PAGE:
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Ending stigma with stereotype

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Man Therapy is a part of an effort to address the demographic most acutely affected by suicide: men between the ages of 25 and 65. PHOTO COURTESY OF BOZEMAN HEALTH

Man Therapy campaign aims to save lives, treat behavioral health issues

By Mira Brody EBS STAFF

BOZEMAN – Behind a video clip of a mustachioed gentleman chuckling at a chainsaw operator’s manual, a headline on mantherapy.org reads, “According to science, bad things can happen to men too.” He’s using a leaf blower to clear his desk and lifting a bowling ball like a barbell. 

The content is a part of a national marketing campaign called Man Therapy and while the humor is intentional, the aim is to solve a sobering epidemic.

In the U.S., men account for 78 percent of all suicides. Most of these deaths occur in men aged 25 to 65, a demographic commonly referred to as “working-aged men.”

To increase awareness about mental health and establish a more targeted approach to saving lives, Cactus, a Denver, Colorado-based advertising agency, in partnership with the Office of Suicide Prevention at the Colorado Department of Public Health and Environment, came up with Man Therapy in 2007. It has since been adopted by partners nationwide. One such partner, the Elevating Behavioral Health Consortium, includes regional institutions like Bozeman Health, Greater Gallatin United Way, the Help Center, Gallatin County and Park County.

“We live in the Intermountain West where rugged individualism is touted as a strength, which means you don’t often ask for help.”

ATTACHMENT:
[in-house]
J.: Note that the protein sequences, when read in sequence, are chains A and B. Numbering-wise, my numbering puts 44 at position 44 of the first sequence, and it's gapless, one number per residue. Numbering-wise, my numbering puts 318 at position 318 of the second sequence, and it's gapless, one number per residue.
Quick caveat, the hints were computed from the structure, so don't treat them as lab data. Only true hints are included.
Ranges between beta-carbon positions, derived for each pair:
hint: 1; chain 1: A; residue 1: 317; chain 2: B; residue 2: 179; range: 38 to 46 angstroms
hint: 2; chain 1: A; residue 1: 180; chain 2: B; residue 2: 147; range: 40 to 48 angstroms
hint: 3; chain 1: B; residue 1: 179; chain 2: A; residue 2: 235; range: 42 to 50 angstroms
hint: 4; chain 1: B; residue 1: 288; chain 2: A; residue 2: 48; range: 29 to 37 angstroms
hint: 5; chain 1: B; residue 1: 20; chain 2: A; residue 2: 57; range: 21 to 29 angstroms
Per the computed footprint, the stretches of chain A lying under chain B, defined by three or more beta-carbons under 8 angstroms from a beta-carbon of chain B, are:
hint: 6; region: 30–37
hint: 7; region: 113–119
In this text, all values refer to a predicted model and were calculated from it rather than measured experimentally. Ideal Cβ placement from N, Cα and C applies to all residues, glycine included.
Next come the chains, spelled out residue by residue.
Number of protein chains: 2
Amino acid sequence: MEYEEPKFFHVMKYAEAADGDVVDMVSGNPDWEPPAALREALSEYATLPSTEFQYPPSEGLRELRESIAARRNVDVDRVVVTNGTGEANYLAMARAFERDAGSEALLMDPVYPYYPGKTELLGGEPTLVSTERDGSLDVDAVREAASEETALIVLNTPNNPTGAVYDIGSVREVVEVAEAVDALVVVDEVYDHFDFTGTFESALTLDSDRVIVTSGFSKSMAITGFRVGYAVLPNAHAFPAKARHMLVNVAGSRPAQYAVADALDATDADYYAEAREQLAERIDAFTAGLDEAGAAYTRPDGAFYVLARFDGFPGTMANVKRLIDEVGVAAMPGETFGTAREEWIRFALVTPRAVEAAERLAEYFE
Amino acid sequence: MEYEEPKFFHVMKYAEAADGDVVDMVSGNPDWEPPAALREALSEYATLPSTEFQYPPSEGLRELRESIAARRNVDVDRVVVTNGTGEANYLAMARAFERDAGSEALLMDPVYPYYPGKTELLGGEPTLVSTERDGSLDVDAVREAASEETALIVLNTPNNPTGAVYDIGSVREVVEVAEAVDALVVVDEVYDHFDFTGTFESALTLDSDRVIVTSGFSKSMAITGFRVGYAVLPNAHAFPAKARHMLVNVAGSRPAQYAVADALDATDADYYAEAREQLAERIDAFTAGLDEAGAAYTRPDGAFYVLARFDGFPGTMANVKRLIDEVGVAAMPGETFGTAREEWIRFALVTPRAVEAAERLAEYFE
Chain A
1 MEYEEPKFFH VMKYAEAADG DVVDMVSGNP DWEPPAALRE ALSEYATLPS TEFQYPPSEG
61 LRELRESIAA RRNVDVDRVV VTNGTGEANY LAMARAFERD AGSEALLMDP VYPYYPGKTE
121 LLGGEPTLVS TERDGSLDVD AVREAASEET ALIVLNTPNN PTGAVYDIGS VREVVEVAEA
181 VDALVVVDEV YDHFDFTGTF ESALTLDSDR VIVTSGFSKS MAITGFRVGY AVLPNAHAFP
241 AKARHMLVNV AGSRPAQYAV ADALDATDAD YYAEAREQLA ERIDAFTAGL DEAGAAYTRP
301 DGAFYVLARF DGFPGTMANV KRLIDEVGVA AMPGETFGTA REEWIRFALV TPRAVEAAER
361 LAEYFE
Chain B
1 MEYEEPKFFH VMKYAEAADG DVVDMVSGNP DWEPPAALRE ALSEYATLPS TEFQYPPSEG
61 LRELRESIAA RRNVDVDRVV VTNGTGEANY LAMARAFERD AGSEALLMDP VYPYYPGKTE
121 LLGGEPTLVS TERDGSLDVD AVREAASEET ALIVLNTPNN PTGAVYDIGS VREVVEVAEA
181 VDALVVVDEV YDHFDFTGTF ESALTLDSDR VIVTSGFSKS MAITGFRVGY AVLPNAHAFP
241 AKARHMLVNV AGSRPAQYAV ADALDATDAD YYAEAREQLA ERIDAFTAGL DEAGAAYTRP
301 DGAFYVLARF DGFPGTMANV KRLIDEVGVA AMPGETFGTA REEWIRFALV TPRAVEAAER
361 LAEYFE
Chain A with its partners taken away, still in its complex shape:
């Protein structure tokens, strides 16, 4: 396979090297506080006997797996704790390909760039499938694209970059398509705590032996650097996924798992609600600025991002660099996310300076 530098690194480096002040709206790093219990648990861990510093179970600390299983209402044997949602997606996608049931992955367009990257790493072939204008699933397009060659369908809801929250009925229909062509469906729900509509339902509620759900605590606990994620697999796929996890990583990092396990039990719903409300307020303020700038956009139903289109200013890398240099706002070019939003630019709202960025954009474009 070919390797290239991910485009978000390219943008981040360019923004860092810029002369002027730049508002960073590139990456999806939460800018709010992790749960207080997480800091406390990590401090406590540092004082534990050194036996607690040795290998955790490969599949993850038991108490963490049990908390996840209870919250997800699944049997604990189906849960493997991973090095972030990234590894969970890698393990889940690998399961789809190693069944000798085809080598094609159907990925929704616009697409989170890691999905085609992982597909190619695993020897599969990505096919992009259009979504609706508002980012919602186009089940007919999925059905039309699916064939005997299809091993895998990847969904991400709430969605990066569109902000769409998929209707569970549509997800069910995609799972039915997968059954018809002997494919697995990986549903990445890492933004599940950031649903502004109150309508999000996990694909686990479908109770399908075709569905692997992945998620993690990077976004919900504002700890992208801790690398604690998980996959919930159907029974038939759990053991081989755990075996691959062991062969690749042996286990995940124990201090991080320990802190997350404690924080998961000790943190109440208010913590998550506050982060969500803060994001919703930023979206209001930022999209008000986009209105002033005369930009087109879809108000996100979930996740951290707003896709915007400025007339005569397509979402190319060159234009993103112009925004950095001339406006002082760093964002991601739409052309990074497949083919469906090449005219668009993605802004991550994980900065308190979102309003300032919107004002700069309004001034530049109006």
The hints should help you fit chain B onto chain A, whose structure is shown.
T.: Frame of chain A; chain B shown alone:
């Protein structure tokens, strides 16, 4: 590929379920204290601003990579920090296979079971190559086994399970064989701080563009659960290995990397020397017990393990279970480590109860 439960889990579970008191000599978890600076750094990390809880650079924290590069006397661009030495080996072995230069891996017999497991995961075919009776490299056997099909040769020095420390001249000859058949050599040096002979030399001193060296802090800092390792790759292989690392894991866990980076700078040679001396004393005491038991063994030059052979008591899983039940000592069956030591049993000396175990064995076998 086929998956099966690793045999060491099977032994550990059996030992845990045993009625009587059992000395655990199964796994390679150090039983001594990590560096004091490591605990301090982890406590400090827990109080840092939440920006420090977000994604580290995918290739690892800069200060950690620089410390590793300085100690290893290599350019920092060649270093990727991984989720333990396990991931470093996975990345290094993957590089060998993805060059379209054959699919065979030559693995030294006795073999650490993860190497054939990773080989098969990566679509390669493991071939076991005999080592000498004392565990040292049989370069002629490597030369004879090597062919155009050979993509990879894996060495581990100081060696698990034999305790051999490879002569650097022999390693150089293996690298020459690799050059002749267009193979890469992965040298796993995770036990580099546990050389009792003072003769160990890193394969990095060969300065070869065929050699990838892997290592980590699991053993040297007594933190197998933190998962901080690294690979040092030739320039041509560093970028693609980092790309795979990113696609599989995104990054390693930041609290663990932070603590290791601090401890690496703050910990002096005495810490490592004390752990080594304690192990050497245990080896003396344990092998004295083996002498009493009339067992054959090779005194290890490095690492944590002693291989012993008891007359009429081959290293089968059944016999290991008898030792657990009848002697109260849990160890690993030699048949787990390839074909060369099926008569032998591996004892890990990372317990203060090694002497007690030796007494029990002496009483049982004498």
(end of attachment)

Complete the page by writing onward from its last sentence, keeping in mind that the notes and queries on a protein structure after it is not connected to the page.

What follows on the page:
Ellie Martin, a licensed clinical social worker with Routefinder Consulting and Greater Gallatin United Way

According to a 2019 report in the National Vital Statistics Report, Montana has the third highest rate of suicide in the nation. This is due a multitude of factors, discusses Martin, including high altitude; dark, long and cold winters; its high population of veterans and American Indians; and Montana’s “tough” culture that perpetuates a stigma against getting help. The rural nature of the state doesn’t help—even if a man gets to the point of asking for help, oftentimes it isn’t available.

“We live in the Intermountain West where rugged individualism is touted as a strength, which means you don’t often ask for help,” said Ellie Martin, a licensed clinical social worker with Routefinder Consulting and Greater Gallatin United Way. “We’re a frontier environment for behavioral health access.”

Although women attempt suicide three times more often than men, men are four times more likely to succeed, according to the Montana Department of Public Health and Human Services. Access to lethal means also plays a big role. Martin says 65 percent of men in Montana die by suicide by way of firearm. She added that most have had undiagnosed or untreated behavioral health issues as well as drug abuse issues in the past.

Professional policies and related stigma, like limited paternity leave at jobs, perpetuate the idea that men don’t experience the same emotional capacity as women.